The government's penchant for making the national budget from bigger to even bigger every financial year is quite evident. Big budgets do have certain demonstrative effect, but failure to execute them creditably triggers questions about the government's intention and ability. It is accused of playing to the gallery when budget targets, in matters of resource mobilization and development spending, are set at very high levels.
Statistics say it all. A report published in the Financial Express last week quoting preliminary estimate, done by the finance division of the government, said the execution of the national budget in the last financial year (FY) (2017-18) was the lowest in last four consecutive FYs. In fact, the gap between the target and the rate of execution widened during the period under review. The rate was 83 per cent in the FY 2015, but the same declined in the following years and stood at 68 per cent in the last fiscal. However, the rate, usually, improves in the final count, but only slightly.
The rate of execution of the budget in the current FY and the future ones would not improve unless the government curbs its tendency of setting budget targets at ambitious levels without caring to match its capacity in revenue mobilization and execution of development projects in particular. The government does need to look into the budgetary process in the perspective of its own execution capacity. If, in the final count, one-fourth of the original budget remains unimplemented at the end of a financial year, the setting of high goals turns out to be a futile exercise.
However, it has become a regular practice with the government to downsize the original budget in the third quarter of a financial year because of slow rate of execution. Even then the actual rate of implementation remains below the downsized or revised budget in most FYs. When spending, in the final count, remains well below the estimate in the original budget, one feels tempted to question the rationale of presenting such 'bloated' variety of budget by the finance minister before the start of every financial year.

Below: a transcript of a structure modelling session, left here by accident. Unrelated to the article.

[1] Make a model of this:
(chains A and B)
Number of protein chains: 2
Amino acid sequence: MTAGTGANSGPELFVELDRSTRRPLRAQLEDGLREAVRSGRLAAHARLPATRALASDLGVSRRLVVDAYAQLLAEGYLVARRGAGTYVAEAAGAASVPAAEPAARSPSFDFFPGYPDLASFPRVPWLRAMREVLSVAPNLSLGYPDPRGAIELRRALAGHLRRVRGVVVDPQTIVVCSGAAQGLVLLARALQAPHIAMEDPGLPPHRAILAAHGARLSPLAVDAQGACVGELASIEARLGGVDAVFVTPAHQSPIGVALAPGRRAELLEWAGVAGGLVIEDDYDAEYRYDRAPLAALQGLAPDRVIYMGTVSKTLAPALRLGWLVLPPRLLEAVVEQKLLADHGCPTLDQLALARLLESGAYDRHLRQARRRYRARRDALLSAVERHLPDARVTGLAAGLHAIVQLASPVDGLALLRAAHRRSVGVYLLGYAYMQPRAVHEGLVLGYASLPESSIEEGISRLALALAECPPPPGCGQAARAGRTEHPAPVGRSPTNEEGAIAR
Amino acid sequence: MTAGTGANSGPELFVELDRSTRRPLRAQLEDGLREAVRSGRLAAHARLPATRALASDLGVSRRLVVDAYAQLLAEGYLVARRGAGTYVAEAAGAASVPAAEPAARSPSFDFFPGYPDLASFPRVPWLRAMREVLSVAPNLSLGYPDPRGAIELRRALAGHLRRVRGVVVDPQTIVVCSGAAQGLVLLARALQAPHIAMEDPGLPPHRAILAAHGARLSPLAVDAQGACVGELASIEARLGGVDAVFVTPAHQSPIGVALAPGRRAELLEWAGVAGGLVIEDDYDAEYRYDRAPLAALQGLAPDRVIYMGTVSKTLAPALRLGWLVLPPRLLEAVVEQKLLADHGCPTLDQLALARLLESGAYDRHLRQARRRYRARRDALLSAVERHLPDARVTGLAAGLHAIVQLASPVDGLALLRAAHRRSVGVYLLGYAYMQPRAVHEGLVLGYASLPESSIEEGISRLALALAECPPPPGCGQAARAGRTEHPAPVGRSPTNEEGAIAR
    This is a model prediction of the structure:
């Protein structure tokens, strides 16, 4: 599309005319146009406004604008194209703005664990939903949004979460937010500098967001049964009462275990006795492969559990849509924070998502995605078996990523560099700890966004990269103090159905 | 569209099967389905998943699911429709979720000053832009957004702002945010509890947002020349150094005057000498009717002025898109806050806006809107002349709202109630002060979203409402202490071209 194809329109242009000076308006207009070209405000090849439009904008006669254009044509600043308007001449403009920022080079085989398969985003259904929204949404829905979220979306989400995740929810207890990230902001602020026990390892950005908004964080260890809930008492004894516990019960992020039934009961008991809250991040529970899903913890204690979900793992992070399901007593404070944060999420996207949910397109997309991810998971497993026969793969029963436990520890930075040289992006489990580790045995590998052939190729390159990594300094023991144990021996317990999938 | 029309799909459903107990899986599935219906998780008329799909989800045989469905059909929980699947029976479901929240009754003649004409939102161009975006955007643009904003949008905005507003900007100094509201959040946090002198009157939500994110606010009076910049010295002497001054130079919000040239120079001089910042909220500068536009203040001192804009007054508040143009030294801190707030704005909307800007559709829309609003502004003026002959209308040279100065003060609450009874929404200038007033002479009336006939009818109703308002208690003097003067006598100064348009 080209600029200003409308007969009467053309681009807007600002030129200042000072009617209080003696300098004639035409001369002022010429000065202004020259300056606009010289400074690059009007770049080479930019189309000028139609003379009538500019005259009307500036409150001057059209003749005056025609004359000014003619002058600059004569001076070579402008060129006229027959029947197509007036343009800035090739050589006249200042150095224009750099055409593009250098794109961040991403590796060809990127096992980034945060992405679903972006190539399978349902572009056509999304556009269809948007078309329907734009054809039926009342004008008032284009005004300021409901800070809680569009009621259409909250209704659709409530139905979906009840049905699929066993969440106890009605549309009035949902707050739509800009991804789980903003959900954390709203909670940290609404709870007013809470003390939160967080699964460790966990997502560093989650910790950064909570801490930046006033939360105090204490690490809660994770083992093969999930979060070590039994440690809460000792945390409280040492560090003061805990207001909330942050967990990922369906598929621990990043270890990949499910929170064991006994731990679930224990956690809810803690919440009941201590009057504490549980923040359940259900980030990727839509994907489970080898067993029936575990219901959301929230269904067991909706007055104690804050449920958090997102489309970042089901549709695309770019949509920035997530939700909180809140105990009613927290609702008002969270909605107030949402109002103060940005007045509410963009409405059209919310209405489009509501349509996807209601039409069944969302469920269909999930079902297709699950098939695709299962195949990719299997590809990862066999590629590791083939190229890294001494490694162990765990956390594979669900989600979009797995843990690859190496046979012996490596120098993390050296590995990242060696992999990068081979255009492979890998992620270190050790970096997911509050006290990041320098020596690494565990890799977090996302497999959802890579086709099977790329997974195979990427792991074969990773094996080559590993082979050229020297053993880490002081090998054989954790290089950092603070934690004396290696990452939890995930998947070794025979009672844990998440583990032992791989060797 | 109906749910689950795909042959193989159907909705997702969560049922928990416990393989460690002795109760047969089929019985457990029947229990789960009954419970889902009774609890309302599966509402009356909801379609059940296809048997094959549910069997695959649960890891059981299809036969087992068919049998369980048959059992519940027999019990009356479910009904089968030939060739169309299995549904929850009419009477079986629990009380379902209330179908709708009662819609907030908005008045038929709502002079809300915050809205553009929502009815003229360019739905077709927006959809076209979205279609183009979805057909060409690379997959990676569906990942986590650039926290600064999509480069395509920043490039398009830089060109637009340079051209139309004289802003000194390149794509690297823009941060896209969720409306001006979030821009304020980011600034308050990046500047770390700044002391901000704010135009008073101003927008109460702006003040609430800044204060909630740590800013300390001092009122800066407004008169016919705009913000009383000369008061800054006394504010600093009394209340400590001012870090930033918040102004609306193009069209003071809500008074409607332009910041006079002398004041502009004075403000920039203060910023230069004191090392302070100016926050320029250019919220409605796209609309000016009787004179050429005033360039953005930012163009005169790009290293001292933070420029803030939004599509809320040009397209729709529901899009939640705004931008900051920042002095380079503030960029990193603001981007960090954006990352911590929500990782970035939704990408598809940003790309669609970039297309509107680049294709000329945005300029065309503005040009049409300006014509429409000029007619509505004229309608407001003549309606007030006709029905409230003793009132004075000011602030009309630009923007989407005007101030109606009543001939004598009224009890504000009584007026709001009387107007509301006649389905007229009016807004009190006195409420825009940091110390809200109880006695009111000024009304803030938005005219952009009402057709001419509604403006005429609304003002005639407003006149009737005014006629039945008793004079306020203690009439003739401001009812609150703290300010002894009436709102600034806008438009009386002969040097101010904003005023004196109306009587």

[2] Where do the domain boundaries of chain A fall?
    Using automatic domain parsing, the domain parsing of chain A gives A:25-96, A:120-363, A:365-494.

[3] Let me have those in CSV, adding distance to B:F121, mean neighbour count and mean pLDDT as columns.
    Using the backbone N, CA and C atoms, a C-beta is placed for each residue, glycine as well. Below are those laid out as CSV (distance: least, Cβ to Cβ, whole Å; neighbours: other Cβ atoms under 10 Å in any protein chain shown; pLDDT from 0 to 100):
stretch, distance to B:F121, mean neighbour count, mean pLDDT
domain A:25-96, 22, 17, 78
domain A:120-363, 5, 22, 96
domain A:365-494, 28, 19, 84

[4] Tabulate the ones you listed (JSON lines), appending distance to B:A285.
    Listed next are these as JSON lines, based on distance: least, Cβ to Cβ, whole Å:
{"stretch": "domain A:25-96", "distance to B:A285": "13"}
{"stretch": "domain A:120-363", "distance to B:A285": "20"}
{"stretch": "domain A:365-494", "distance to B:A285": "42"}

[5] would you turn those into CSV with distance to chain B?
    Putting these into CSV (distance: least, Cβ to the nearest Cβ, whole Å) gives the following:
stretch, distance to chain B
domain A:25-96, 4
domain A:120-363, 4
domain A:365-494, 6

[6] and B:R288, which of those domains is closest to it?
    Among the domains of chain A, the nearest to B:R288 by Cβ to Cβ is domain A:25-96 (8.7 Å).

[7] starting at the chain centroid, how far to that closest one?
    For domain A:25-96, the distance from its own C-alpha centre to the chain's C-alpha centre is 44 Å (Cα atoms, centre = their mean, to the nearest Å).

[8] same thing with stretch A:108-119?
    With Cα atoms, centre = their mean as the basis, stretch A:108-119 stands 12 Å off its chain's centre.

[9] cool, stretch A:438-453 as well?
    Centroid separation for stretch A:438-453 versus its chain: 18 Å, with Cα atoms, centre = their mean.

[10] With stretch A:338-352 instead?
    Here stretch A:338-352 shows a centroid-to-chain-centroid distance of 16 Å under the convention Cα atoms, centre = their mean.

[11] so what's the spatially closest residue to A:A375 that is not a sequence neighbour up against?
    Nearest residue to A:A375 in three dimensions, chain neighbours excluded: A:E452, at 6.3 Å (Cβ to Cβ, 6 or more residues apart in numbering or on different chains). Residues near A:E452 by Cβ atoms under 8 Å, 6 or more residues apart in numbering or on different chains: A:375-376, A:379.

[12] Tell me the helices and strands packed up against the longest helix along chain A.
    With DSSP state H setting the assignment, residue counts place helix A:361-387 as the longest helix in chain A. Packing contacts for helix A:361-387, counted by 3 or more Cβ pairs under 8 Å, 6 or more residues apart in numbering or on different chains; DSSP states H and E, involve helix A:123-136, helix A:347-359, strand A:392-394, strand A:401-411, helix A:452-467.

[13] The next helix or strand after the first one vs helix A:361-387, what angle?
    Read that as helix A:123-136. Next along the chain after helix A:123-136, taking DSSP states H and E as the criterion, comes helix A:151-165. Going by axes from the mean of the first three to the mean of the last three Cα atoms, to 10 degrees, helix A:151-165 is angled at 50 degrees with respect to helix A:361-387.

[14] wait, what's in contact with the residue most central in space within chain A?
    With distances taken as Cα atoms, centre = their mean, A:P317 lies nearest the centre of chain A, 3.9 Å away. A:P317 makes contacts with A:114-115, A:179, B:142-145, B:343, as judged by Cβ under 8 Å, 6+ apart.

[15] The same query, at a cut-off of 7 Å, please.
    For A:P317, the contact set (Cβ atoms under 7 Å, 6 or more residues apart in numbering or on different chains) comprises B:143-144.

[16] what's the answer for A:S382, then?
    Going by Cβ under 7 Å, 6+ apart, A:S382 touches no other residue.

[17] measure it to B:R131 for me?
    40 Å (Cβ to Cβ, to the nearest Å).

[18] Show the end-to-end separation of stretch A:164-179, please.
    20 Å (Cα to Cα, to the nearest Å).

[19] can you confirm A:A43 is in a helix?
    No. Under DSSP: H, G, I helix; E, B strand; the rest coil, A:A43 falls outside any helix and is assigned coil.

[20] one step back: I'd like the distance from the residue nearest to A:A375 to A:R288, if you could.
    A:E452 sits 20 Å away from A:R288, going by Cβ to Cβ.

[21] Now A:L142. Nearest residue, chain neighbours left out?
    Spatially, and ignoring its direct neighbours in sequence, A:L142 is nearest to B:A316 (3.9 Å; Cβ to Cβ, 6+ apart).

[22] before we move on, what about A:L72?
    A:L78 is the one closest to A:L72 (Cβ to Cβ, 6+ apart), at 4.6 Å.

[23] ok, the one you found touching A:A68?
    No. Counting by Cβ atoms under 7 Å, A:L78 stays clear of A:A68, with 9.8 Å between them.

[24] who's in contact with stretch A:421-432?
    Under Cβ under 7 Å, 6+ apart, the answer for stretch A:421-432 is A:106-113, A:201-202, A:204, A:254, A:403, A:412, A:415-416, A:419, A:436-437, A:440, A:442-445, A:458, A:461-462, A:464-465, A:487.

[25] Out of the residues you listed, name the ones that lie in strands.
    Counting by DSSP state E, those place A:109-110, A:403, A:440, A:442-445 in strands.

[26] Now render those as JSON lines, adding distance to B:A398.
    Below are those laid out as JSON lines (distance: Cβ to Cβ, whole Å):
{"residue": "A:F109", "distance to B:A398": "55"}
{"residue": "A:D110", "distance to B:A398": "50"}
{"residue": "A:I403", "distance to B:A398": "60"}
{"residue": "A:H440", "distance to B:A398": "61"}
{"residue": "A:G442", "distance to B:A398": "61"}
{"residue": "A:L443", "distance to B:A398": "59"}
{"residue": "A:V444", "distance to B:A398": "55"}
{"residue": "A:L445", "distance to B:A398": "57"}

On a number of occasions, multilateral donors and experts at home advised the government to make budgets in the light of its own ability, in terms of resource mobilization and also keeping in view the weakness of the public sector agencies in execution of development projects. They did not stop there. Suggestions have also been aplenty with regard to building capacity of the tax administration and also of the agencies involved in the development process.
A few reform measures carried out in the tax arena have produced some positive results. A part of the tax administration is now automated and taxmen are relatively better motivated. However, far more needs to be done to improve the country's tax-GDP ratio, which is one of the lowest in the world. As far as ability of the public sector agencies in implementing projects is concerned, the situation has remained more or less unchanged but the government has raised the level of development financing to a great extent. Under the circumstances, the government needs to be practical and prudent in the task of budget preparation and execution.
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